France midfielder Blaise Matuidi has called on fans to sing the English national anthem as a tribute to the Manchester and London terror attack victims when the two sides meet in a friendly on Tuesday.
England hosted France four days after 130 people were killed in the Paris attacks of November 2015, when England fans sang French national anthem "La Marseillaise."
On Tuesday, a change to the usual schedule will see the French national anthem go before "God Save the Queen," with the lyrics of the two hymns to be shown on the screens at the Stade de France.
And Matuidi hopes his compatriots will show solidarity with their cross-Channel neighbours.
"If the anthem is sung, everyone should sing it," the PSG midfielder said. "The country deserves it, especially with what has happened recently.
"It would be a pleasure. We'll also be supporting the country after what has happened."
Just over a week ago, eight people were killed by terrorists in London, and on May 22 a bomb blast at Manchester Arena left 22 people dead.
Prime Minister Theresa May and French President Emmanuel Macron are expected to go the Stade de France to watch the friendly, where tributes will be paid to the victims of the recent atrocities.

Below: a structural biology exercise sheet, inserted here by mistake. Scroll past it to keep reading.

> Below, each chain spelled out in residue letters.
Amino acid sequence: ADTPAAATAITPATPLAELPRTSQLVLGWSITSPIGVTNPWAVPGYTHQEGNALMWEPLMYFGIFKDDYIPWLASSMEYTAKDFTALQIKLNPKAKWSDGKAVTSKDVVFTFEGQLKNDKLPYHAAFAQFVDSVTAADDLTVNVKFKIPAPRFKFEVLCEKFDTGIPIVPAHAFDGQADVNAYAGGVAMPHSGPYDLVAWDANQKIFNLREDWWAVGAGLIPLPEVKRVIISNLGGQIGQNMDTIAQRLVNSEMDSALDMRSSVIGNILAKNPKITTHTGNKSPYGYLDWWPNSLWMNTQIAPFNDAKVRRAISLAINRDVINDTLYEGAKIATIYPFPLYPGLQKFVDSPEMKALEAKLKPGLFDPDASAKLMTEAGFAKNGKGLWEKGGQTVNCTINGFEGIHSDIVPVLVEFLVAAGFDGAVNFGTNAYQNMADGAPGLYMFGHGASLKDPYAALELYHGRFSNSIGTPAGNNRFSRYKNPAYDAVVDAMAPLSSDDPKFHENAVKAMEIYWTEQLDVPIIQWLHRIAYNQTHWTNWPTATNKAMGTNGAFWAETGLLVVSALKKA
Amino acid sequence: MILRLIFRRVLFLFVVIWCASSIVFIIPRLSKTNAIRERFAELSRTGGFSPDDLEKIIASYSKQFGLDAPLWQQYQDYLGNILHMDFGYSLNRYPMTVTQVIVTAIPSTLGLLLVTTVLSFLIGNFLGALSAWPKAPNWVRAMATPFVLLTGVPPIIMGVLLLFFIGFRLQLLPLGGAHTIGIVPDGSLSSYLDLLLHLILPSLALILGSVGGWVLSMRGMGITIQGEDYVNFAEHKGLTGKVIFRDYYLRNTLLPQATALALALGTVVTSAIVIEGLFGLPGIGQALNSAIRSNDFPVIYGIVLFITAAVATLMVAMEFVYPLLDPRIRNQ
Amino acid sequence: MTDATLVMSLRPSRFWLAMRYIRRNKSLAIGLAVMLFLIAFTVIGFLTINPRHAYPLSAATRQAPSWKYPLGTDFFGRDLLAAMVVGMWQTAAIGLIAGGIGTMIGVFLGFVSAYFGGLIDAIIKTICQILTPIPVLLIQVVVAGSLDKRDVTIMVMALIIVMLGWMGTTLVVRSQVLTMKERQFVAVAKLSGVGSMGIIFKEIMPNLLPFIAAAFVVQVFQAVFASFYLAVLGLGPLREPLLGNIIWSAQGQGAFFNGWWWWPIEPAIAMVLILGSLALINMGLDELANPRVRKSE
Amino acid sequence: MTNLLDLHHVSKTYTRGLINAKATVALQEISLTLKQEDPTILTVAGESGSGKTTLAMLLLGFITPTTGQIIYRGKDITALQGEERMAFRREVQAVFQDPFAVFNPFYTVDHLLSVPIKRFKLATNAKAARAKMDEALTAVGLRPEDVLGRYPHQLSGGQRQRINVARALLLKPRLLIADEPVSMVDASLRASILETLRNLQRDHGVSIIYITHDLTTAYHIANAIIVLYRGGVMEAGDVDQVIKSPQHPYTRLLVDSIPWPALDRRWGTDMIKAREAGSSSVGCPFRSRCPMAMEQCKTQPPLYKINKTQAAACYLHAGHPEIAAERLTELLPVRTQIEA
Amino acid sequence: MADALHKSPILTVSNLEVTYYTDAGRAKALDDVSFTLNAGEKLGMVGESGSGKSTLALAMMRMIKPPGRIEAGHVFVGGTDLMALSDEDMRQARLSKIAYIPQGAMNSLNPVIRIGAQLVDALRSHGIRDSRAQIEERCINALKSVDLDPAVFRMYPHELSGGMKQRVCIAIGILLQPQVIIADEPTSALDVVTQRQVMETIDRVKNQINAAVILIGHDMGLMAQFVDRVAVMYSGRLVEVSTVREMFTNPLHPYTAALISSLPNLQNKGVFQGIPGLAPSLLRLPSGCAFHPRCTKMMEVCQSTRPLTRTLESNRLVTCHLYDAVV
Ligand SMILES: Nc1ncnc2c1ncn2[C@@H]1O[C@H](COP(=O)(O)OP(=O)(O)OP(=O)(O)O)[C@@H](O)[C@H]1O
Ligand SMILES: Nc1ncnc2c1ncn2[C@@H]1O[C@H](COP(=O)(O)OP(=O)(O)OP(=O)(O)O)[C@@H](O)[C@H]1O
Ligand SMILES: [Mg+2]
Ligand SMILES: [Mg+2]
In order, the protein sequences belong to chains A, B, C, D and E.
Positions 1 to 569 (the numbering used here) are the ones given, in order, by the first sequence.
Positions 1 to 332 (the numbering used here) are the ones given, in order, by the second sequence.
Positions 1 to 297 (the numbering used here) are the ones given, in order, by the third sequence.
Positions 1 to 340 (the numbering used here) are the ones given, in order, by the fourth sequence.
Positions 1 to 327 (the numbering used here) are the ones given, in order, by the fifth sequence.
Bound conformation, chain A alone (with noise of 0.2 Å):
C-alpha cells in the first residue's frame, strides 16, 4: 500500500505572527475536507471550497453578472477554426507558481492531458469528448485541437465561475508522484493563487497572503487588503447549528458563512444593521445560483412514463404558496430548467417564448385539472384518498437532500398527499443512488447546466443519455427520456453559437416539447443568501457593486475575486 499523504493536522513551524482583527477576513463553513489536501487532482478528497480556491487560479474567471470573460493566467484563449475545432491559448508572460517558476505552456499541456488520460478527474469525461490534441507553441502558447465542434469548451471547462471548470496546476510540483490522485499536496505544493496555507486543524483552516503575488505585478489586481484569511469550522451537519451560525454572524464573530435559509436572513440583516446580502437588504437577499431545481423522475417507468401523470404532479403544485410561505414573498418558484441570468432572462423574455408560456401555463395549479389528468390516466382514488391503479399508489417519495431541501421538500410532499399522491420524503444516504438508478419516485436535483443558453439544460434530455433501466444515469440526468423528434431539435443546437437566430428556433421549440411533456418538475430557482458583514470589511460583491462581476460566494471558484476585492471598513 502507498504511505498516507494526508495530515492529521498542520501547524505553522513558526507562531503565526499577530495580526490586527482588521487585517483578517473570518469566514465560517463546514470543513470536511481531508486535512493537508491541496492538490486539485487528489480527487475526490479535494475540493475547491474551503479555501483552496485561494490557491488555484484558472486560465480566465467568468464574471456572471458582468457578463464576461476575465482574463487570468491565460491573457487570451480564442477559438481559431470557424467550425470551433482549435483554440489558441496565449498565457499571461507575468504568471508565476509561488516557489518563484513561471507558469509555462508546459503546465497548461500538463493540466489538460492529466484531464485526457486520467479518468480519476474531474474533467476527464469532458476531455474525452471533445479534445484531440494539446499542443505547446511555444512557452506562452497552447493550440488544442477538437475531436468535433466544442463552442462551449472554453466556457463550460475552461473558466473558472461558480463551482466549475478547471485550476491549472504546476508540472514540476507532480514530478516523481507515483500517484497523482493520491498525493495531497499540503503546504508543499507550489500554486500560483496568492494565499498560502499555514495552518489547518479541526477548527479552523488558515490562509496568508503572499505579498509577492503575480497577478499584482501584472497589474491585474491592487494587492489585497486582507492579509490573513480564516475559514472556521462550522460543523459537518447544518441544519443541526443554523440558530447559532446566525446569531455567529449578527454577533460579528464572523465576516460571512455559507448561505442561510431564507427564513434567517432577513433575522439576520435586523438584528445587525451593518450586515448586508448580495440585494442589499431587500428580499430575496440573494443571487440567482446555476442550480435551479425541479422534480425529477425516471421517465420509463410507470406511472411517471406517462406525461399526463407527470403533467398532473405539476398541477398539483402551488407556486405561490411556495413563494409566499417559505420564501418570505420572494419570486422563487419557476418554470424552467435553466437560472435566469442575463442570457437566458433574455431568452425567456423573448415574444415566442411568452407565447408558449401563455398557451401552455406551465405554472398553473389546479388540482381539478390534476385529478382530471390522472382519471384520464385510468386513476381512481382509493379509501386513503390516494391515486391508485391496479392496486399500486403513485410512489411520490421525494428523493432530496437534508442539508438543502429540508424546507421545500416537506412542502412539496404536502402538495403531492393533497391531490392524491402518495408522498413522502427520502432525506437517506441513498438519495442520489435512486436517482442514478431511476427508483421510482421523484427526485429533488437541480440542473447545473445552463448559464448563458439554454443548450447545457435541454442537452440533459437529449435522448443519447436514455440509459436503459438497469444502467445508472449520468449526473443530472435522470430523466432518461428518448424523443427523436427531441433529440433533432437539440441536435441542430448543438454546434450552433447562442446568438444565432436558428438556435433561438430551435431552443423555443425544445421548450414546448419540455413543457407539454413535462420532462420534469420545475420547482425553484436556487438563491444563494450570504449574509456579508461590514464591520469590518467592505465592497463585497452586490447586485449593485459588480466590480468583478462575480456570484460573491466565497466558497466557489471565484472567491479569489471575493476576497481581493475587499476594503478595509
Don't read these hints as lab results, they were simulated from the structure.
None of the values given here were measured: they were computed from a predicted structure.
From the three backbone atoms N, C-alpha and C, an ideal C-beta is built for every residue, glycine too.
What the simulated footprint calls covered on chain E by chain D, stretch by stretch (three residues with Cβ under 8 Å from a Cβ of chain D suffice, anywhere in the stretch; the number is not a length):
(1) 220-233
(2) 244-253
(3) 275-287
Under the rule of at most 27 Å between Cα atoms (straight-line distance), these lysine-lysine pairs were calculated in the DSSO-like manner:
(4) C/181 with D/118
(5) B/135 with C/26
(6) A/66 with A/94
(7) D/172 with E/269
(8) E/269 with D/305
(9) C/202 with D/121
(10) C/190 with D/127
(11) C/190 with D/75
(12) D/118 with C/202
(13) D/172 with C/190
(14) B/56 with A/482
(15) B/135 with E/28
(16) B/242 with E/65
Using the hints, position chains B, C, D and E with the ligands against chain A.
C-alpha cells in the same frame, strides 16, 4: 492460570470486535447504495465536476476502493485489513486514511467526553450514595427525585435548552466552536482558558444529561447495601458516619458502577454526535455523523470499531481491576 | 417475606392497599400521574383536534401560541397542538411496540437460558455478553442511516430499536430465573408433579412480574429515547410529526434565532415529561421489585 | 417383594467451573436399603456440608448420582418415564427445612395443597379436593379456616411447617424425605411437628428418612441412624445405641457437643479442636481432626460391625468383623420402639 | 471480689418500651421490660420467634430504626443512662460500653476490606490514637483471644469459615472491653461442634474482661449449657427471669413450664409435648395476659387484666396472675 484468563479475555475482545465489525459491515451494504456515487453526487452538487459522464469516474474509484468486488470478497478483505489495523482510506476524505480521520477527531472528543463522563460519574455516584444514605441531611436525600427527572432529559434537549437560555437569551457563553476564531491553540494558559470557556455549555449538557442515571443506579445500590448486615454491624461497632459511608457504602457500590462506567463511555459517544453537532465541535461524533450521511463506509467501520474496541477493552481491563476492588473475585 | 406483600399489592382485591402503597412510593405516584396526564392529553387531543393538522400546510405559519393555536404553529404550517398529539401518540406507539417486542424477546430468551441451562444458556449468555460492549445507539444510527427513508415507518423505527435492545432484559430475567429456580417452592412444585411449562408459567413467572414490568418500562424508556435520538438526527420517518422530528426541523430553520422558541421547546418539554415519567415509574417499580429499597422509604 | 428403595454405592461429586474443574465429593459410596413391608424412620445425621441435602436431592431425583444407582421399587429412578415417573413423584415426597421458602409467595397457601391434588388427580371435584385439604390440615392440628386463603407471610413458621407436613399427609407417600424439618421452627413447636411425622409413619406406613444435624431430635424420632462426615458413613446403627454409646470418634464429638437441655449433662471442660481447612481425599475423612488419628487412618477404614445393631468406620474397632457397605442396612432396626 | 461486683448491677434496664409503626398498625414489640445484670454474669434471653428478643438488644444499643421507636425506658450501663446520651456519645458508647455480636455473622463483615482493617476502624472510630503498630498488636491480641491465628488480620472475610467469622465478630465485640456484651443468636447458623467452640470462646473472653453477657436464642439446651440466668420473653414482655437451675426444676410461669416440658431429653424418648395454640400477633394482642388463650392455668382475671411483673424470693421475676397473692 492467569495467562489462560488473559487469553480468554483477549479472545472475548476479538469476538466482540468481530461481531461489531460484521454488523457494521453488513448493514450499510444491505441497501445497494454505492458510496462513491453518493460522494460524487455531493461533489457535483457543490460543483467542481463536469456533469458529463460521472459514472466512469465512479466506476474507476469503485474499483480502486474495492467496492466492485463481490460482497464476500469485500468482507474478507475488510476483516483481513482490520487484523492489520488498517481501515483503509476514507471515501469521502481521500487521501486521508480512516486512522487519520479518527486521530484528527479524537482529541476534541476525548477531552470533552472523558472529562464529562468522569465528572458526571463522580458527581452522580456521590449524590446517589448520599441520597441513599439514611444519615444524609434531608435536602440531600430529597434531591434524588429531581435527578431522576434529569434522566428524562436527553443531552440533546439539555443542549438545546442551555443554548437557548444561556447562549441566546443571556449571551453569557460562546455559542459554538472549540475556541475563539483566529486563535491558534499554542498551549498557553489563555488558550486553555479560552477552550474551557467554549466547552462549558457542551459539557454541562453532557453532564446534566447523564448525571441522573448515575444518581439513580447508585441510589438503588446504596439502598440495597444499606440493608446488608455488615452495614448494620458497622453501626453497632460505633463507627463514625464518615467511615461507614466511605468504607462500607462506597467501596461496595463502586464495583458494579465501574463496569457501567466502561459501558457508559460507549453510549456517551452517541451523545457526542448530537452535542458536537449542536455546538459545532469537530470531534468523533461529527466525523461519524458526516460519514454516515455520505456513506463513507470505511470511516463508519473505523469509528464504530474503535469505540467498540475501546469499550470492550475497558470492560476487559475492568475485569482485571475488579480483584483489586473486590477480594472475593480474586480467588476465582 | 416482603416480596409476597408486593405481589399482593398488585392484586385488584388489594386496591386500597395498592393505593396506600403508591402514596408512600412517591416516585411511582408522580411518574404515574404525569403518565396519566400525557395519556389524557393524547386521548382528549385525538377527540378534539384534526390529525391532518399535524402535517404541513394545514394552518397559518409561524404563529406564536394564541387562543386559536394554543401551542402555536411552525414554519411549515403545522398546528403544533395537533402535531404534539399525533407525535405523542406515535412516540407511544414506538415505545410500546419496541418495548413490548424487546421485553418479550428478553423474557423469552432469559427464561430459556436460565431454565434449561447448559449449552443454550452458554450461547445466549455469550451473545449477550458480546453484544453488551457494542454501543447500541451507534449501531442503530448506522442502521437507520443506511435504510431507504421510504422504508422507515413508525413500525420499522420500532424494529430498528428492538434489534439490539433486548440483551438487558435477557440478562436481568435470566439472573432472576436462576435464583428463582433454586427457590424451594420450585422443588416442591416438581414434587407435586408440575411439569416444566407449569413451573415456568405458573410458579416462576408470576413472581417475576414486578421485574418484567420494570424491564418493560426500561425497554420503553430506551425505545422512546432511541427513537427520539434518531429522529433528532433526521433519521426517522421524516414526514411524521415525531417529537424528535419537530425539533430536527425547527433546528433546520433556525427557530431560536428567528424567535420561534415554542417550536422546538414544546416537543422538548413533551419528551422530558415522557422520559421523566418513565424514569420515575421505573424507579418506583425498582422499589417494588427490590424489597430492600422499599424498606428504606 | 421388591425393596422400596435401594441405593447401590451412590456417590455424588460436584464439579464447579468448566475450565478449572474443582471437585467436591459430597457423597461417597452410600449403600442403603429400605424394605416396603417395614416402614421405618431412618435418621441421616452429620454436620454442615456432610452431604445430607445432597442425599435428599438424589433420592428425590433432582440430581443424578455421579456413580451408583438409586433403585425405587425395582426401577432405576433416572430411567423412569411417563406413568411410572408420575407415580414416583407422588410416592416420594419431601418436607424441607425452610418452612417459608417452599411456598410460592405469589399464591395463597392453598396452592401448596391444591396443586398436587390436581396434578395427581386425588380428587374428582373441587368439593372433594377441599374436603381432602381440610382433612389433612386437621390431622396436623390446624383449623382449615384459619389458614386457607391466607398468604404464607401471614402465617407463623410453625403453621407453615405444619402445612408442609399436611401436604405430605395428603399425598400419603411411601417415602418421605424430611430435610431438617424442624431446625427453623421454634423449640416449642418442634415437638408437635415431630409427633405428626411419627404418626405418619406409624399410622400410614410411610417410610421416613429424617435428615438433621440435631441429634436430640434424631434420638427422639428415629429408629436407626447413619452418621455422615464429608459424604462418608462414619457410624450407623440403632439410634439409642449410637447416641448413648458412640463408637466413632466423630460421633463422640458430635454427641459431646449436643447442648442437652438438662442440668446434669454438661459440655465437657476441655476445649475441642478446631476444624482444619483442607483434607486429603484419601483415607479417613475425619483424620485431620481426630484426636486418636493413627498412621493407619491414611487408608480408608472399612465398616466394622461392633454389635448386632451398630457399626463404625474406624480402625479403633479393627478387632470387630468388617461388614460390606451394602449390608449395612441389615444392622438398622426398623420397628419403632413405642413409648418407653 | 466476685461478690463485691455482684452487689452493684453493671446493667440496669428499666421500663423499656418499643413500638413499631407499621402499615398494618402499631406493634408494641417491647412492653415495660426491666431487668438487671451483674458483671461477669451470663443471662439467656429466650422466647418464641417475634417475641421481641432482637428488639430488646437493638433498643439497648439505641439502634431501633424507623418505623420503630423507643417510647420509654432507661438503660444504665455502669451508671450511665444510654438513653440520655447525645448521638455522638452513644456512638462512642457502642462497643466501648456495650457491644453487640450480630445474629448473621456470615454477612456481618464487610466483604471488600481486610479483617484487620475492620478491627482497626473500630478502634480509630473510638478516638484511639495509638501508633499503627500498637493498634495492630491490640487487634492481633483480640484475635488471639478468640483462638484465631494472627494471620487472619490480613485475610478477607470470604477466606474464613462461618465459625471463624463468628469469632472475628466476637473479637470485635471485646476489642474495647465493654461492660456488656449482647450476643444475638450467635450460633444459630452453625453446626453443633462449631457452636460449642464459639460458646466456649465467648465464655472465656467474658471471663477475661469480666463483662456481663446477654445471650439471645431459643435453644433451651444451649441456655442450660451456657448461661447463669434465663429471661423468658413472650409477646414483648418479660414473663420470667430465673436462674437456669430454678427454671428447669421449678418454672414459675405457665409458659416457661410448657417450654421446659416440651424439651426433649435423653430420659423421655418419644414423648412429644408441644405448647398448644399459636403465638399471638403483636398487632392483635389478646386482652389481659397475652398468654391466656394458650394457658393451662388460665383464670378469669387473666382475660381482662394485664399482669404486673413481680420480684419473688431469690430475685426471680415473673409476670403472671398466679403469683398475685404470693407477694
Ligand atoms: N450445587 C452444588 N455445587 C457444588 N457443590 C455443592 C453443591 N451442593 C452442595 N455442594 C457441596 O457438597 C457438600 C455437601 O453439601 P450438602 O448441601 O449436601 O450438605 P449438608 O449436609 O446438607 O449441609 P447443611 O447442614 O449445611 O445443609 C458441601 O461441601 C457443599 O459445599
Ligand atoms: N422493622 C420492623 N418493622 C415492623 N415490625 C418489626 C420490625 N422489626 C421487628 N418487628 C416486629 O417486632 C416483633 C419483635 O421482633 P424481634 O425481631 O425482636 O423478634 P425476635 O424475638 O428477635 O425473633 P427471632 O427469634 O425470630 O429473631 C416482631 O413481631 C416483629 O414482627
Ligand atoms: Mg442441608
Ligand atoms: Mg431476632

A minute's silence will be held at the stadium, where the players will be welcomed by fans holding up red and white placards to form the England flag as "Don't Look Back in Anger" is played by the Republican Guard. The Oasis song was sung by mourners as they gathered in the wake of the Manchester attacks and was then played again at Ariana Grande's tribute concert at Old Trafford.
Both sets of players will have a photo together to show solidarity and togetherness, just as they did at Wembley in November, when players posed shoulder-to-shoulder before standing together around the centre circle during a minute of silence.
England manager Gareth Southgate said: "We are very grateful to the French for offering this tribute to England as a country. It's nice that the history between us doesn't come between us at those moments."
Information from the Press Association was used in this report.